US: Wholesale Trade


Fri Jun 08 09:00:00 CDT 2018

Consensus Consensus Range Actual Previous Revised
Inventories - M/M change 0.1% 0.0% to 0.4% 0.1% 0.3% 0.2%

Highlights
Inventories need to be built up in the wholesale sector in what may be soft news for GDP, where low inventory numbers are a negative, but very good news for production and employment. Wholesale inventories inched only 0.1 percent higher in April against, however, a 0.8 percent surge in sales. This mismatch pulls down the stocks-to-sales ratio to a very lean 1.28. Year-on-year rates confirm the imbalance with inventories up 5.8 percent against a 7.8 percent rise in sales.

The nation's businesses, wholesalers included, have been very conservative in their inventory manage, reflected not only in hard data like today's report but also anecdotal reports like ISM manufacturing where more and more of the respondents say inventories of finished goods are too low.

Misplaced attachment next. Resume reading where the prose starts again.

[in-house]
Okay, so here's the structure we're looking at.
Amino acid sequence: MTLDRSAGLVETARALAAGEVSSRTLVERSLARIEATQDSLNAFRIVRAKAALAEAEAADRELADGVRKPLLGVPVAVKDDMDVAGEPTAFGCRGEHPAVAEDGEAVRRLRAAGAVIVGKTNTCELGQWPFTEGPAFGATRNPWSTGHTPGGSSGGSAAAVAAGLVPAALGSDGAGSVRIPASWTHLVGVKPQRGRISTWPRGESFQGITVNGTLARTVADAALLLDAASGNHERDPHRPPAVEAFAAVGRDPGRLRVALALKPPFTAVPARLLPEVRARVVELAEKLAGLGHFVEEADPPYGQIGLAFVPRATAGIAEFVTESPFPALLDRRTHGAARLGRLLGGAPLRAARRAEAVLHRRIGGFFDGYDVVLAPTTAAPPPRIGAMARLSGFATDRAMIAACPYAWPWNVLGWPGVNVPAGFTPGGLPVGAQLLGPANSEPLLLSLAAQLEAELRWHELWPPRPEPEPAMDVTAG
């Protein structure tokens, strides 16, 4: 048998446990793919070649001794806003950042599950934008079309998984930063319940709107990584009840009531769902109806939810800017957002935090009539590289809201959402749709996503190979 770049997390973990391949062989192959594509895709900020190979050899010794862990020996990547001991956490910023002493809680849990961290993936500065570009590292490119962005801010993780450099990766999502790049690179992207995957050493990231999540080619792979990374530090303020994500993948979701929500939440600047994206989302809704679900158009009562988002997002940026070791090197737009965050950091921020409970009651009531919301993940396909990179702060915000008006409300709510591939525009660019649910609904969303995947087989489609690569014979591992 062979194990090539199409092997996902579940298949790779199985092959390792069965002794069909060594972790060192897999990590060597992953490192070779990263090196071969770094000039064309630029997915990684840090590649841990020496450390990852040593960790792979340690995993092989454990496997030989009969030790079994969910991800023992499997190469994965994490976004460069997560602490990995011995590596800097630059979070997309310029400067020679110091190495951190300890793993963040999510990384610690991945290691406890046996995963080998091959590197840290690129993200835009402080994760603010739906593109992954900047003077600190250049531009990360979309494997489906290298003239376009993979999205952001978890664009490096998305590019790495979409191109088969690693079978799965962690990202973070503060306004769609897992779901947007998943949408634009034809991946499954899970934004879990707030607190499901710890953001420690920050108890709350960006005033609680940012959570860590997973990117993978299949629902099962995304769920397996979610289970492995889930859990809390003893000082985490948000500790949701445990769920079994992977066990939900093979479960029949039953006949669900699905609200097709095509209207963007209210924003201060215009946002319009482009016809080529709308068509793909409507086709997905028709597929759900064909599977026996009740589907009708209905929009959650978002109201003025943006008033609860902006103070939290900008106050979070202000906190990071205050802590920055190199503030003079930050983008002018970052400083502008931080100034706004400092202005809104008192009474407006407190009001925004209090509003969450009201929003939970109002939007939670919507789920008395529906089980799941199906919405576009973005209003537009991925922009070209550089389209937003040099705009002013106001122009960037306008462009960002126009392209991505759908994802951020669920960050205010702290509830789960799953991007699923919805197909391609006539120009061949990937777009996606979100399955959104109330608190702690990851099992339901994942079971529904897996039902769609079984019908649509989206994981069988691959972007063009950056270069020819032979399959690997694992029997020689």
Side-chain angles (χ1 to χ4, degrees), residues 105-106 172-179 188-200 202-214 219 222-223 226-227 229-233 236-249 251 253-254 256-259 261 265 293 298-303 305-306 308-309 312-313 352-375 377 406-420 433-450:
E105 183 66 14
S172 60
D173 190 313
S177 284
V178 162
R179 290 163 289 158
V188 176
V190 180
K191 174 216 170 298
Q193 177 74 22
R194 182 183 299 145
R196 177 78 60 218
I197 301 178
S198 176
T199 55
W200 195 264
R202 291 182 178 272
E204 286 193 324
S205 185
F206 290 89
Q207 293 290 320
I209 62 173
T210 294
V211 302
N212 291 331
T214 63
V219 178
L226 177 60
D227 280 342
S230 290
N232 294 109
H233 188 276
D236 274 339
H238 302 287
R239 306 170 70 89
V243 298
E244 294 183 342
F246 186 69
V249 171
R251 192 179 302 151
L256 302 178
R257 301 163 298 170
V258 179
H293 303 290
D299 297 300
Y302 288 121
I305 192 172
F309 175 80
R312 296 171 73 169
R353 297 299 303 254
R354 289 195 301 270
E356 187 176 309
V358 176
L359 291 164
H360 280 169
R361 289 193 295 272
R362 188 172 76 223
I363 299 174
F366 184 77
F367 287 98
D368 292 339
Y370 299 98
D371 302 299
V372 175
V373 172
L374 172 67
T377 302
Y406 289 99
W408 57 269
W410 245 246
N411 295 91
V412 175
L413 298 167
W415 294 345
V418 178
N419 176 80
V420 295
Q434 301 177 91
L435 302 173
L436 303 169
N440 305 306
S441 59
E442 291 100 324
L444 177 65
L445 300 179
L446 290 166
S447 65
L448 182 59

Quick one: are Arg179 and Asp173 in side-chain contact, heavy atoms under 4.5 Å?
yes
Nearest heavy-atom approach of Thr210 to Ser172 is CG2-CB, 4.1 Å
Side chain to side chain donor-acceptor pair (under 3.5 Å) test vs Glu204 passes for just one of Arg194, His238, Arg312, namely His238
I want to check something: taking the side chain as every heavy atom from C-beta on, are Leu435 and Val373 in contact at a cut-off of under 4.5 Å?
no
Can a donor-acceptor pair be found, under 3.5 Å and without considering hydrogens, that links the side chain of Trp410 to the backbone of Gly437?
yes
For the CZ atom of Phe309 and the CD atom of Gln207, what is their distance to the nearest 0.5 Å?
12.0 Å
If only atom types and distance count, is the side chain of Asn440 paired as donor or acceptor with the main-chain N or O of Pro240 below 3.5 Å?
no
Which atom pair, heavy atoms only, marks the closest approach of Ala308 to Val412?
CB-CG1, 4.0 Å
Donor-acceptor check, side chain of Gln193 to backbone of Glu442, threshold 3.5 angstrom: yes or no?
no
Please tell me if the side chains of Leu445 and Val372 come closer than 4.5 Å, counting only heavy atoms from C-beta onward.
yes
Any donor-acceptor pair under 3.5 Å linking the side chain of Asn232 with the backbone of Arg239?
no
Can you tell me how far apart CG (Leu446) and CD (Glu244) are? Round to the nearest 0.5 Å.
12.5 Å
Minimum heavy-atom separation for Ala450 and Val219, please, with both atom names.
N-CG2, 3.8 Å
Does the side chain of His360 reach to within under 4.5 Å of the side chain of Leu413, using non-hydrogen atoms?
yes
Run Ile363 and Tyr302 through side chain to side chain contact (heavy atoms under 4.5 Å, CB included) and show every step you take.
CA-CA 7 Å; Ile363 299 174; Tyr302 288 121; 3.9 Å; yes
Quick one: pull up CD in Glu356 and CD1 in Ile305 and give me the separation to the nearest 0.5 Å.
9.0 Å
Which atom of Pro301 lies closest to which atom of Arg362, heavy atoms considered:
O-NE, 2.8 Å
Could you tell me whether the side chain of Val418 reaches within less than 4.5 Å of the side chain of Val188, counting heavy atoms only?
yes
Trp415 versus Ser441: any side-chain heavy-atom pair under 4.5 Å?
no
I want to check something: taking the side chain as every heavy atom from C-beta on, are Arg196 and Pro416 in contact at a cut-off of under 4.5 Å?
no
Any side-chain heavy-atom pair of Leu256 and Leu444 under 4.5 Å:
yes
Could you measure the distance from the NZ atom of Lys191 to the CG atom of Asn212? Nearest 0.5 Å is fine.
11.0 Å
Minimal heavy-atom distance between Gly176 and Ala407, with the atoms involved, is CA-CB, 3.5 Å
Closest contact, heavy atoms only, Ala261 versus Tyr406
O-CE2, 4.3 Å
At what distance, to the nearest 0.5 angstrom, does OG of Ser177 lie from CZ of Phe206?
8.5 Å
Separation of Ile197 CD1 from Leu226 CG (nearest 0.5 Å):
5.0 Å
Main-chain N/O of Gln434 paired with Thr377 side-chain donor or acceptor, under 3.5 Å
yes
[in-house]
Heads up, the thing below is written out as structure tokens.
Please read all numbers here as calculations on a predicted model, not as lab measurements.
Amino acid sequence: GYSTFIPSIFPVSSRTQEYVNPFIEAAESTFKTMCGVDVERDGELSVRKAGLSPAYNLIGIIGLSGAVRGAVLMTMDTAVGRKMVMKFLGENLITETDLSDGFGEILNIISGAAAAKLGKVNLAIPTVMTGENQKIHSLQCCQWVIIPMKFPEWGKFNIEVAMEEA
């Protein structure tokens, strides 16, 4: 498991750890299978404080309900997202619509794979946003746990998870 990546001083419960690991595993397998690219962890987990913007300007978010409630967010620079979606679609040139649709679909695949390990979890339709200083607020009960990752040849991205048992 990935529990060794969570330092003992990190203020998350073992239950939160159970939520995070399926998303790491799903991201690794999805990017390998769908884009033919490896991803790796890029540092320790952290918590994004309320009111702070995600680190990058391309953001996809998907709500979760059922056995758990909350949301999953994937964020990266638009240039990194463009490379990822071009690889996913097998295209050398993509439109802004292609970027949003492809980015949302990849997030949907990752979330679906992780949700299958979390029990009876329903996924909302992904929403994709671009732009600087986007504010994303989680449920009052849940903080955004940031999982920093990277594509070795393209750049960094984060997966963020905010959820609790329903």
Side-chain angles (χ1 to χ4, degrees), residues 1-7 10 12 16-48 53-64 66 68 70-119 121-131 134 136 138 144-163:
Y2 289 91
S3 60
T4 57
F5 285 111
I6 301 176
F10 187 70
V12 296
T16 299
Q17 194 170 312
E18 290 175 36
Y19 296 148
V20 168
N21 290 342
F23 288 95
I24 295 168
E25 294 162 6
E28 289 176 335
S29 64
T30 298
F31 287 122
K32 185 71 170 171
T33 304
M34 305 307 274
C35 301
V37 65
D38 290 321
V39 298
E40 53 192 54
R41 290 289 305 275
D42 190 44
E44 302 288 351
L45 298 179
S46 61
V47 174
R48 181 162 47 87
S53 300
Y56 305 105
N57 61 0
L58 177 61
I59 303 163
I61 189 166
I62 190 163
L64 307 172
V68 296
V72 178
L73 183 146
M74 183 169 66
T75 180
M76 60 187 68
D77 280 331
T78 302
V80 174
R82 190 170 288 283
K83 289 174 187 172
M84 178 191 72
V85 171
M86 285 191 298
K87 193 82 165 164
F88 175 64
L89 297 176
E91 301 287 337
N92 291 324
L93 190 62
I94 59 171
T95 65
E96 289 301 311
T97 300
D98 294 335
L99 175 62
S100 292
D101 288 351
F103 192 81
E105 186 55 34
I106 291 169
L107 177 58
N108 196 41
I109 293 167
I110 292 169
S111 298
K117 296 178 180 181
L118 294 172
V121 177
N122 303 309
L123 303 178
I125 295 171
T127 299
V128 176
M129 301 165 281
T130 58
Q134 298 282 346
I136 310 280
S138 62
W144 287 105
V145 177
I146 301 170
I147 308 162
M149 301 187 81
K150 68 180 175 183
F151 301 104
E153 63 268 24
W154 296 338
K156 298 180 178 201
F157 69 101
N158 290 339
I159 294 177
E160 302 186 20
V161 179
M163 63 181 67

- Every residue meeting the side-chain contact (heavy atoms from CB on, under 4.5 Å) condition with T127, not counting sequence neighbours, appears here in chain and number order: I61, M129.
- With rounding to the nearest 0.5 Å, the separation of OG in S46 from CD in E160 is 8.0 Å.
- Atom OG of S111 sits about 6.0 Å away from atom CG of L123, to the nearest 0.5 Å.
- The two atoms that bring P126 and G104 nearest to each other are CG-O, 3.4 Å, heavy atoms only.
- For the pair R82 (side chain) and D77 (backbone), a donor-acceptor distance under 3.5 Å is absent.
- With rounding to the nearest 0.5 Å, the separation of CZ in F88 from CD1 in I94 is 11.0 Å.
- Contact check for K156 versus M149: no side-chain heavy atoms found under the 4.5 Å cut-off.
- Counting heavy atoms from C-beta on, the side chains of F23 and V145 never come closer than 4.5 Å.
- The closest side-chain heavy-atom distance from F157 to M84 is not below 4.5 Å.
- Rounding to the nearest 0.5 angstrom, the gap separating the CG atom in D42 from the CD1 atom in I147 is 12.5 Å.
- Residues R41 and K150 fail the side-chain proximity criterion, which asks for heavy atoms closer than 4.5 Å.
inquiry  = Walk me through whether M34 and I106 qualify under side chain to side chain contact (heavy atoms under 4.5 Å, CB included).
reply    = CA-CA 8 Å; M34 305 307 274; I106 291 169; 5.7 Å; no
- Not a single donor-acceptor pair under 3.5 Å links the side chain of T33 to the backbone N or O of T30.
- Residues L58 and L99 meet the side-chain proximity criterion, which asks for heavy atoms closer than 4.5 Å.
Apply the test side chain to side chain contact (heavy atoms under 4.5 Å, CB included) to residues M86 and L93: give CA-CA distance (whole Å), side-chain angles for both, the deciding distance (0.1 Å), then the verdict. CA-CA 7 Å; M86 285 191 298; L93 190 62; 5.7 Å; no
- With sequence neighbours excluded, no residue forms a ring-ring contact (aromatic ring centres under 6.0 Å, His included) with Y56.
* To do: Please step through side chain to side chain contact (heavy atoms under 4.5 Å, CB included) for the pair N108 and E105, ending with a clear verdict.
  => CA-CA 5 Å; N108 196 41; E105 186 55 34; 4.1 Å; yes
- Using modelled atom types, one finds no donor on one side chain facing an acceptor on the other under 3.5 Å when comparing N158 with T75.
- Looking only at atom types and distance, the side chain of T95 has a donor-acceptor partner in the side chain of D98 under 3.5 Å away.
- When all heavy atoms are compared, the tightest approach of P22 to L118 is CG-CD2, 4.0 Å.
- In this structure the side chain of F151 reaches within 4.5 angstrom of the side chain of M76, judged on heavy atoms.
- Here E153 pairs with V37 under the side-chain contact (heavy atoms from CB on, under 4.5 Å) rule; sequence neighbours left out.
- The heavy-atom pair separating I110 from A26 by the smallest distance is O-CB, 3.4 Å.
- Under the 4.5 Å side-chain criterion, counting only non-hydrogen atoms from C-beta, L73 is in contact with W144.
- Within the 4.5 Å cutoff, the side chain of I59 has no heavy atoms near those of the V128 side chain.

Market Consensus Before Announcement
Wholesale inventories are expected to rise 0.1 percent in April and roughly in line with the month's advance data which showed no change. Despite a flat April, inventories in this report have been trending higher in line with sales.

Definition
Wholesale trade measures the dollar value of sales made and inventories held by merchant wholesalers. It is a component of business sales and inventories.

Description
Investors need to monitor the economy closely because it usually dictates how various types of investments will perform. The stock market likes to see healthy economic growth because that translates to higher corporate profits. The bond market prefers a slower rate of growth that won't lead to inflationary pressures. Wholesale sales and inventory data give investors a chance to look below the surface of the visible consumer economy. Activity at the wholesale level can be a precursor for consumer trends. In particular, by looking at the ratio of inventories to sales, investors can see how fast production will grow in coming months. For example, if inventory growth lags sales growth, then manufacturers will need to boost production lest product shortages occur. On the other hand, if unintended inventory accumulation occurs (i.e. sales did not meet expectations), then production will probably have to slow while those inventories are worked down. In this manner, the inventory data provide a valuable forward-looking tool for tracking the economy.